We blinked and it’s November. We’ve Hallowe’ened, the pumpkins have collapsed into a fetid pile of mush, and we’ve overdosed on the kids’ trick or treat Haribo haul (just me?). Now what? I know many people for whom, on the stroke of midnight on 31 October, it’s immediately wall-to-wall Mariah and dusting the cobwebs off the Christmas tree in the loft (I presume these people don’t have a real Christmas tree, it would be completely bald before December). Much as I love the festive season, I’m not one of them. All in good time.
I do, however, feel that the start of November marks a definite transition from autumn to winter. The clocks go back (here in the UK, anyway), meaning it gets dark at 4pm and we all go around remarking that we can’t believe it gets dark at 4pm. Even though this happens every year. It’s a staple part of being a Brit. The darkness definitely pulls me towards hibernation mode. Jumpers. Blankets. A roaring fire. Cups of tea on repeat (to be fair, I still mainline tea in a heatwave).
Over the past couple of weeks, I’ve had a few emails land in my inbox from various brands advising me how I can prepare my home for winter. Excellent, I thought! Yes! I would like to prepare my home for winter! I shall discover how to do this! My excitement was short-lived. Most of the suggestions were wildly impractical. They included decorating your rooms in “warm” colours, checking your roof was leakproof, and swapping your lightweight curtains for heavyweight velvet ones. I’m not sure what sort of world these people live in, but I’m fairly certain most of us don’t whip out the paintbrushes, strip the wallpaper and install a new roof just because its winter. Quite an extra way to live one’s life. As an aside, my lovely nan did used to have winter and summer curtains and she did do the seasonal switcheroo! Floral cotton for summer, pink velvet for winter. However, she is the only person I have ever known to do this, and I am going to lovingly disregard her for the purposes of this blog.
After failing to learn how to prepare my home for winter from unsolicited emails, I thought I’d prepare my own guide! For normal people! Small steps to welcome the winter in, and cosy up our homes for the long, cold months ahead (can you believe how dark it is at 4pm? I can’t).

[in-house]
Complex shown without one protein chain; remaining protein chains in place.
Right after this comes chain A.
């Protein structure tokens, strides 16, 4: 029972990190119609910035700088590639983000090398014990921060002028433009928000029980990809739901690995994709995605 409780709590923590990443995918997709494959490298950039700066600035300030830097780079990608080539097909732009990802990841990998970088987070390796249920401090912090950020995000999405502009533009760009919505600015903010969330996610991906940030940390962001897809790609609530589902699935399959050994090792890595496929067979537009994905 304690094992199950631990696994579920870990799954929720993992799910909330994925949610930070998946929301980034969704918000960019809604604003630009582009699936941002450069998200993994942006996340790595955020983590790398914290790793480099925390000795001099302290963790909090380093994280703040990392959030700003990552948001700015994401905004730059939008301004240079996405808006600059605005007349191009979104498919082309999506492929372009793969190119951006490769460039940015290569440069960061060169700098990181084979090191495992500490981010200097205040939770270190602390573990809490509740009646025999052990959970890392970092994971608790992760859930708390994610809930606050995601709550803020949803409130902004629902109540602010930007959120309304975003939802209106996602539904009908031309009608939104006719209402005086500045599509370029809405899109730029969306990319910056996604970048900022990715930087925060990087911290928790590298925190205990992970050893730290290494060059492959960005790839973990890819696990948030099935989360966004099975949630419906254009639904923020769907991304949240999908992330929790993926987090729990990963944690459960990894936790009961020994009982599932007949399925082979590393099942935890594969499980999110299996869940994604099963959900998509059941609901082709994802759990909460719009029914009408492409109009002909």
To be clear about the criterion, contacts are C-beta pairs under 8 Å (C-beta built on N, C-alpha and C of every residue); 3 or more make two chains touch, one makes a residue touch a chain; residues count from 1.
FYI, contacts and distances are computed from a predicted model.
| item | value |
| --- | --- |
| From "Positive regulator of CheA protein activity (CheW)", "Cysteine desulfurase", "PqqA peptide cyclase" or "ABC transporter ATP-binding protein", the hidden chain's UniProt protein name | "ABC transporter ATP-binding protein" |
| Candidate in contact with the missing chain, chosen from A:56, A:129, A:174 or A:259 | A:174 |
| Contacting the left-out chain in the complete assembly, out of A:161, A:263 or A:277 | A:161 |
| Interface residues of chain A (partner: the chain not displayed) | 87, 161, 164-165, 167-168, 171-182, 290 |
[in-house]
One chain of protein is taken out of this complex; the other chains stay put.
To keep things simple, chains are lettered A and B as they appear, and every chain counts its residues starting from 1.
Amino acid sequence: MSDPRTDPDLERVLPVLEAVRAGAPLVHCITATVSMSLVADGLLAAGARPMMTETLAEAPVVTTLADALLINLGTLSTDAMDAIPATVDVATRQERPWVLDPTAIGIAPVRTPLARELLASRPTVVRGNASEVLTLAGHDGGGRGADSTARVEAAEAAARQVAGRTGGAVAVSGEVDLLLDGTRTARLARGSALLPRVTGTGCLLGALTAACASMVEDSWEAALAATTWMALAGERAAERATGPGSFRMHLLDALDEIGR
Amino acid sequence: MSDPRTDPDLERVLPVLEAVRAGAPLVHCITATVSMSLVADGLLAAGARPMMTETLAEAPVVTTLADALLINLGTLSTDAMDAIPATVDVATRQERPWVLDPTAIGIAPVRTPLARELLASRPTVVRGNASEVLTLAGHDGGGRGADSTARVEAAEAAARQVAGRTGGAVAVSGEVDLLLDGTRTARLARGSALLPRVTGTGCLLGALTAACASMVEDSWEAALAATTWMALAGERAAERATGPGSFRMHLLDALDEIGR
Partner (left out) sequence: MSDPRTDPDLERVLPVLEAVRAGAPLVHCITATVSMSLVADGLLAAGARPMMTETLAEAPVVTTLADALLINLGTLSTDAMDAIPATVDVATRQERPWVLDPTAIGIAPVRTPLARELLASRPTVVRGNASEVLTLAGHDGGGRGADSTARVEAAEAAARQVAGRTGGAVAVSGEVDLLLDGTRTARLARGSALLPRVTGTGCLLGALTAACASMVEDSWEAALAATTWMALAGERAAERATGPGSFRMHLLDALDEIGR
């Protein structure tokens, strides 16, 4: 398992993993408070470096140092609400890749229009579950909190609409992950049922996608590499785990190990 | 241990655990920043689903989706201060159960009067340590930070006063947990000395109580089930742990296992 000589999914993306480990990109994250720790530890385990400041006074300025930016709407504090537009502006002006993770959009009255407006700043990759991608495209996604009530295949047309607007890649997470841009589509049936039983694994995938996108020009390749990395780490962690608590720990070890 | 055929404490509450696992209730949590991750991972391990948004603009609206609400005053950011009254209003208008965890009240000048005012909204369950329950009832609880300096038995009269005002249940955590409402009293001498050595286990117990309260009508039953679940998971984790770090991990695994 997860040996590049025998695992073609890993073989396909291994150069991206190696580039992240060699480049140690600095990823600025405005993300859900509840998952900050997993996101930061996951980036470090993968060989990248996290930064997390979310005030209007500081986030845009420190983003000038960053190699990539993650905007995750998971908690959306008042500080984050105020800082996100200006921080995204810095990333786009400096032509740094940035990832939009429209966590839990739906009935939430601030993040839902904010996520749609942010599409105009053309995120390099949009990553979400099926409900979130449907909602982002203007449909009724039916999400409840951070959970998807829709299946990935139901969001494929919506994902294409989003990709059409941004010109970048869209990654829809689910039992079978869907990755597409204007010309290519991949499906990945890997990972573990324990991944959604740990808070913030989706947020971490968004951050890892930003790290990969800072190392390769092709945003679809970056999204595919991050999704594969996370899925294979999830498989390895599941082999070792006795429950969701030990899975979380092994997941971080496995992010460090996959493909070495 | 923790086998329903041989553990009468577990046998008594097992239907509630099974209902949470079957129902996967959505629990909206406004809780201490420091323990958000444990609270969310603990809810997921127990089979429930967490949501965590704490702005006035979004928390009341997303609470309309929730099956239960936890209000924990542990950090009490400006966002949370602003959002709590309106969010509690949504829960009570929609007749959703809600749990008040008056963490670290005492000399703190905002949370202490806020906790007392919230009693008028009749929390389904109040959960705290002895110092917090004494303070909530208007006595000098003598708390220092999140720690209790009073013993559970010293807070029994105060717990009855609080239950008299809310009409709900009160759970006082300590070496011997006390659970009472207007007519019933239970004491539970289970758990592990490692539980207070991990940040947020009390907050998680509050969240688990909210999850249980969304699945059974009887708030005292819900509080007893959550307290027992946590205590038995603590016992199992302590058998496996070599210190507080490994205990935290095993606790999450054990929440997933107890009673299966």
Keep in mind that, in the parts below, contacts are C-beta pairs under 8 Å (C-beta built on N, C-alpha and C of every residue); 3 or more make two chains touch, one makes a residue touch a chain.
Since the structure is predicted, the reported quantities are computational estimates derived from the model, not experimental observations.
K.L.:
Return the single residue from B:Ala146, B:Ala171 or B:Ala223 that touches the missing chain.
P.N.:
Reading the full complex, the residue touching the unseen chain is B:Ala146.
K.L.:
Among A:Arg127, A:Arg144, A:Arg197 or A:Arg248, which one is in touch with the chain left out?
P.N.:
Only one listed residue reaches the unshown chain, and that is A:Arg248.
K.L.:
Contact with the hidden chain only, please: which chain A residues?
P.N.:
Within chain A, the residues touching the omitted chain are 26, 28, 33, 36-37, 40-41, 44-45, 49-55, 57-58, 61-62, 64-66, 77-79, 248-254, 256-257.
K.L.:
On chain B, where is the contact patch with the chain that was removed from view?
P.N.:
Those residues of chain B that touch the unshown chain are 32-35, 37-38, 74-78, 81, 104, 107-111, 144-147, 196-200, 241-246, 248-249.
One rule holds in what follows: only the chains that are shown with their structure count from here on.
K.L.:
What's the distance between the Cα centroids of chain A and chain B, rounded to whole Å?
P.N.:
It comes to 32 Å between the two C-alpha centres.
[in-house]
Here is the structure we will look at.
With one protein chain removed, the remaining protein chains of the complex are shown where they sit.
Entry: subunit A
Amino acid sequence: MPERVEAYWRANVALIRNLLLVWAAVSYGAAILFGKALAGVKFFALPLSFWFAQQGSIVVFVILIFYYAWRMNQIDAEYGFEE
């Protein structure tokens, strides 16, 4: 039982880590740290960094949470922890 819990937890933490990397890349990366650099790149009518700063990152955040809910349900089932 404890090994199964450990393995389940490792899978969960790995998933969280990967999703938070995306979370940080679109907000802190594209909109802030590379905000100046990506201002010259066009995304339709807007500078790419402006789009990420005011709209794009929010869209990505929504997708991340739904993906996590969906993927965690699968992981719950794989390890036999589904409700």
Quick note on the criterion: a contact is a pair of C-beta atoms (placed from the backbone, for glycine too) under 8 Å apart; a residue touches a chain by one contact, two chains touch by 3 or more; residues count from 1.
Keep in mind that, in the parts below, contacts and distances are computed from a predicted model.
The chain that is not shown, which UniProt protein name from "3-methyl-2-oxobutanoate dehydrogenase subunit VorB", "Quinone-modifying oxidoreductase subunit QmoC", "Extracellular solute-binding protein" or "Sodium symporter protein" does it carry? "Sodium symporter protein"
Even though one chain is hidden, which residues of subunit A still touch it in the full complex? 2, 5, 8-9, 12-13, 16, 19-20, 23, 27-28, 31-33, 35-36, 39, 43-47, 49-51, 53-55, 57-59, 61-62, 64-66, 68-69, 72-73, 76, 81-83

1. Soft Furnishings: Wrap Me Up, Buttercup.
Not the curtains. We’ll leave them alone. A more manageable way to cosy up is to bring in more cushions, throws and blankets. Some colours are traditionally thought of as more “cosy”, particularly warmer, earthier colours, but that’s not going to be much use if your existing colour scheme uses cool tones. We’ve got to work with what we already have, and I don’t think we need to get too hung up on colour. It’s all about texture. What do we want? Faux fur, velvet and chunky knits! When do we want them? Between the months of November to February, inclusive, please.
Our main areas to texture-bomb are our living spaces and bedrooms. We want layers. Cushions and throws on sofas, extra blankets on the bed, perhaps a cheeky sheepskin rug (faux or real, depending on your preference) laid over your current rug?
I have summer and winter throws for my bed. I have an amazing, heavy, chunky velvet throw (below, left) that would be suffocatingly warm in summer, but is perfect in winter, and actually very necessary in my fridge-like, draughty Victorian house. It’s so heavy, it’s like having one of those weighted blankets on me. Fabulous. In the summer, I use thinner, lightweight throws (below, right). I also recently mentioned on Instagram my love of “double duvet-ing” in the winter months, and sleeping either beneath, or sandwiched between, two duvets. Snug as a bug.
Here’s a round up of some gorgeous bits and bobs to bring the warmth and texture we want from our homes in the winter months.
Top row, L-R: Handknitted, chunky, merino blanket from one of my favourite people, Mizz Knits, rectangular cushion from H&M, navy knitted pom-pom throw, Asda Living (never discount Asda Living before having a rake – always some treasure to be found!).
Heaven Scent: Seasonal Smells
I’m very much in favour of scenting my home all year round. There’s very little in life makes me happier than a high-end scented candle. Winter, however, is when home fragrance comes into its own. The perfect antidote to dark mornings (and afternoons, can you believe how dark it is at 4pm? I can’t) and the relentlessly cold weather. Winter candles can bring you the scent of crisp woodland walks, crackling log fires and festive greenery, without the need to move from the sofa, Netflix and your floofy throw (see above).